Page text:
In contrast to Jennifer’s palliative care account, Diane Lorenz’s sister, Dawna, had a positive and practical end-of-life experience.
Happily ensconced in a St. Thomas retirement home, Dawna’s health suddenly declined to the point that she needed a level of care the facility would not normally provide. There was a very real chance she would have to leave the home where she knew everyone and was surrounded by her precious belongings and keepsakes.
Fortunately, the head of the facility stepped in. She arranged for oxygen to be brought in, purchased an air bed so loved ones could stay over, and accessed the palliative-care services of the local Community Care organization to assist with Dawna’s health concerns.
Diane can’t say enough about the people who were there for her sister day-by-day; they empathetically offered care and comfort, they were consummately professional, compassionate and knowledgeable individuals. “There were some good people there,” added Diane.
This overwhelming kindness impacted Diane significantly. Diane always felt that she and her husband, Ed, were blessed by the success of the family business, Lorenz Conveying Products. She wanted to pass along those blessings to others. After Dawna died, Diane and Ed were determined to give a significant donation to the hospice project. This donation proved to be the largest single endowment – a $1.5 million gift that inspired a new name for the facility: Ed’s House.
“It was an opportunity to do some good in the community – not just now, but for a long time in the future,” Diane noted.
Of course, there were others in the community who believed in the project and who were determined to make a difference in a big way. Kym and Brian Read donated $1 million through the Read Elliott Family Foundation to the hospice care wing that will house the six patient care rooms.
“With its combination of innovative design and professional services,” Kym stated, “this centre will bring comfort and dignity to the sick and dying. It will also be a wonderful facility for families to be together in a supportive environment during such challenging times.”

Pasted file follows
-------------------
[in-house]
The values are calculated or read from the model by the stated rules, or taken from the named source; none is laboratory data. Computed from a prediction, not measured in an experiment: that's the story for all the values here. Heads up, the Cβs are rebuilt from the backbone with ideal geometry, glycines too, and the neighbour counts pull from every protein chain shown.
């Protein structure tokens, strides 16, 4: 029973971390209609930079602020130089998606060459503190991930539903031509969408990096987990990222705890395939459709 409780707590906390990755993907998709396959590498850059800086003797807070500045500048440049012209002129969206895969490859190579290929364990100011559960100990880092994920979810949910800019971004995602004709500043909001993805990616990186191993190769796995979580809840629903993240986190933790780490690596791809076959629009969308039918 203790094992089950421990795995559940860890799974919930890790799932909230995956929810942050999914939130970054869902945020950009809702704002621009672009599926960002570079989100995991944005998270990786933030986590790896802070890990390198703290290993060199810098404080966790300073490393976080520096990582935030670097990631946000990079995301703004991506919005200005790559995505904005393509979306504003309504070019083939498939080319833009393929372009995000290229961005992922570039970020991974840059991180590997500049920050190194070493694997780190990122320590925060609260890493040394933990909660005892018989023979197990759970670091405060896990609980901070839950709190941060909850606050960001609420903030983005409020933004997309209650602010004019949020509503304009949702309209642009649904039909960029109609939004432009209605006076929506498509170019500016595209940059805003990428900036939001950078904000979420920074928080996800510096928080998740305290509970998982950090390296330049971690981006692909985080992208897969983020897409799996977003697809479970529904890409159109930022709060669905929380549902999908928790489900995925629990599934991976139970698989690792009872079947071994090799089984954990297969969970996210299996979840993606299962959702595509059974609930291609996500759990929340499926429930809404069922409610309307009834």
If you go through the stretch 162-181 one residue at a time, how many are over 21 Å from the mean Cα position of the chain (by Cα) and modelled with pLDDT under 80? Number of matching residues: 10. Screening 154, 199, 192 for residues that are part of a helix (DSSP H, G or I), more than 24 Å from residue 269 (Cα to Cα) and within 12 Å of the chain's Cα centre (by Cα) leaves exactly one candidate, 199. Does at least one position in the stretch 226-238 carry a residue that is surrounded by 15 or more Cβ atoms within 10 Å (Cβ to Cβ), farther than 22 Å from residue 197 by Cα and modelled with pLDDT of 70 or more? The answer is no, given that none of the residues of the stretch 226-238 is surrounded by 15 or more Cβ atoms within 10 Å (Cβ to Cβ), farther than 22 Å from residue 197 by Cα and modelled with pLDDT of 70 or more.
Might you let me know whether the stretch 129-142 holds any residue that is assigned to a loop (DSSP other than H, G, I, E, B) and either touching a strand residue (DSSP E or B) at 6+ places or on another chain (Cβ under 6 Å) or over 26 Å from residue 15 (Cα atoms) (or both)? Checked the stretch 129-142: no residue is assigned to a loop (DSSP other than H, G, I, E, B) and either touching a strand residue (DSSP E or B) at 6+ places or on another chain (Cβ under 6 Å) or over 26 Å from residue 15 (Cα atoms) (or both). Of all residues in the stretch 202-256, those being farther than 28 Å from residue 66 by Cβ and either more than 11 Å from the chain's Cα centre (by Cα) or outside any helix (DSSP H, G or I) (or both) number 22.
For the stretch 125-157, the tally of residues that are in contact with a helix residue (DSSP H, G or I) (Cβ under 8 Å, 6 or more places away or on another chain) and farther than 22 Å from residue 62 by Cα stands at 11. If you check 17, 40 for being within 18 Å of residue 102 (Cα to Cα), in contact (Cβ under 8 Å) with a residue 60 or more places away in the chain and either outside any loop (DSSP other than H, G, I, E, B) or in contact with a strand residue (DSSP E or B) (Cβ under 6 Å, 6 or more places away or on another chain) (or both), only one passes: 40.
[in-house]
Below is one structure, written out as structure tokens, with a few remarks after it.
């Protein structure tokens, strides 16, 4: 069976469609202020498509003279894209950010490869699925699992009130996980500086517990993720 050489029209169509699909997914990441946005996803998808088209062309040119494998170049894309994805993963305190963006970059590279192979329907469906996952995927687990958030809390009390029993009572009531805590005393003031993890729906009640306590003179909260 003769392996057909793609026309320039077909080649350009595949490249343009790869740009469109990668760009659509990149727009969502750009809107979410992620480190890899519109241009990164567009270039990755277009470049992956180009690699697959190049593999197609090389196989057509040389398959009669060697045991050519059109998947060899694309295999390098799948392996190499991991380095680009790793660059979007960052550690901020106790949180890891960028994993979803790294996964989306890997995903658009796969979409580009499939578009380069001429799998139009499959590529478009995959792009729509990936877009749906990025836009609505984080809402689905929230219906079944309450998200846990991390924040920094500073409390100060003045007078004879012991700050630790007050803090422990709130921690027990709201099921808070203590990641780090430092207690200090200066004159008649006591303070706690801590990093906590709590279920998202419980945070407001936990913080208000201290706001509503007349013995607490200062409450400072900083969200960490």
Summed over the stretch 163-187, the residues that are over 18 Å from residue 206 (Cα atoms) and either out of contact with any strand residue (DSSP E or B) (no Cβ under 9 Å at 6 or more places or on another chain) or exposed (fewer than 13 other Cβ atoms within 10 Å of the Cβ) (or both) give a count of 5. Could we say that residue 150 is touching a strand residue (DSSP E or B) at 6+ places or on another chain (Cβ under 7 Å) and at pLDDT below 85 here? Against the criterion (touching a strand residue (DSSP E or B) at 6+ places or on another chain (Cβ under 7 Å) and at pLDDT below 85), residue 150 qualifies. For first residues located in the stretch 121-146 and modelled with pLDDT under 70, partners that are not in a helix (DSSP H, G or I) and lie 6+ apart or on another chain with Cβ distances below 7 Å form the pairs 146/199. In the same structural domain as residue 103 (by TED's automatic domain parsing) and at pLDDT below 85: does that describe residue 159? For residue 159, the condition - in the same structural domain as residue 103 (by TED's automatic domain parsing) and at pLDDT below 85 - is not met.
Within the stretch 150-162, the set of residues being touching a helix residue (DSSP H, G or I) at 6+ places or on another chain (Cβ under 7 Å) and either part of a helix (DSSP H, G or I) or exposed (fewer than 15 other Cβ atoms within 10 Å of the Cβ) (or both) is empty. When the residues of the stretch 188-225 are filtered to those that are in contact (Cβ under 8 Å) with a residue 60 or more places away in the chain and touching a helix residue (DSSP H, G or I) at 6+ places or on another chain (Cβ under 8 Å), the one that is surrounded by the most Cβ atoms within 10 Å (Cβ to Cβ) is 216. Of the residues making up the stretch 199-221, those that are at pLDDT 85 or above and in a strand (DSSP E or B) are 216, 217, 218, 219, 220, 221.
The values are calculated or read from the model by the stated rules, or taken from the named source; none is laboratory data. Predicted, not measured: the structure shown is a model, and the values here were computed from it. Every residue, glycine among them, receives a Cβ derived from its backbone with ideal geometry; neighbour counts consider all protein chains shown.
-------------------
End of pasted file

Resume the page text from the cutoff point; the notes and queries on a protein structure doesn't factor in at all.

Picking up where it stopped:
Stewart Richardson, Jennifer Darrell, Diane and Ed Lorenz, and Kym and Brian Read were all inspired by the emotional, yet positive experiences of Cobourg resident Doug McCann, whose wife Brenda moved into a Burlington hospice years ago.
As his wife’s illness progressed, he noted that his life was reduced to just two rooms in his house. People stopped visiting, and his world consequently turned upside-down.
The day came when Brenda’s nurse suggested a hospice. Doug still recalls the anguish that he and his wife experienced as they left their memory-filled home for the last time together.
But the welcome that the hospice staff extended allowed Doug and Brenda to live their final chapter of life together in comfort and tranquility.
“Our frowns and sorrow turned to excitement,” Doug said. “Brenda’s whole demeanour changed. She started to get brighter, was interested in her surroundings and her family and we could have conversations again. We were a family again.”
Once he caught up on his own sleep, Doug realized, with gratitude, that his role was changing from care-giver back to husband.
The amiable hospice environment attracted friends and family members to a homey place where they could sit comfortably, share memories and laughter. And behind the scenes, the doctors who served the hospice gave Brenda reassurance that she would be kept in physical comfort during her stay.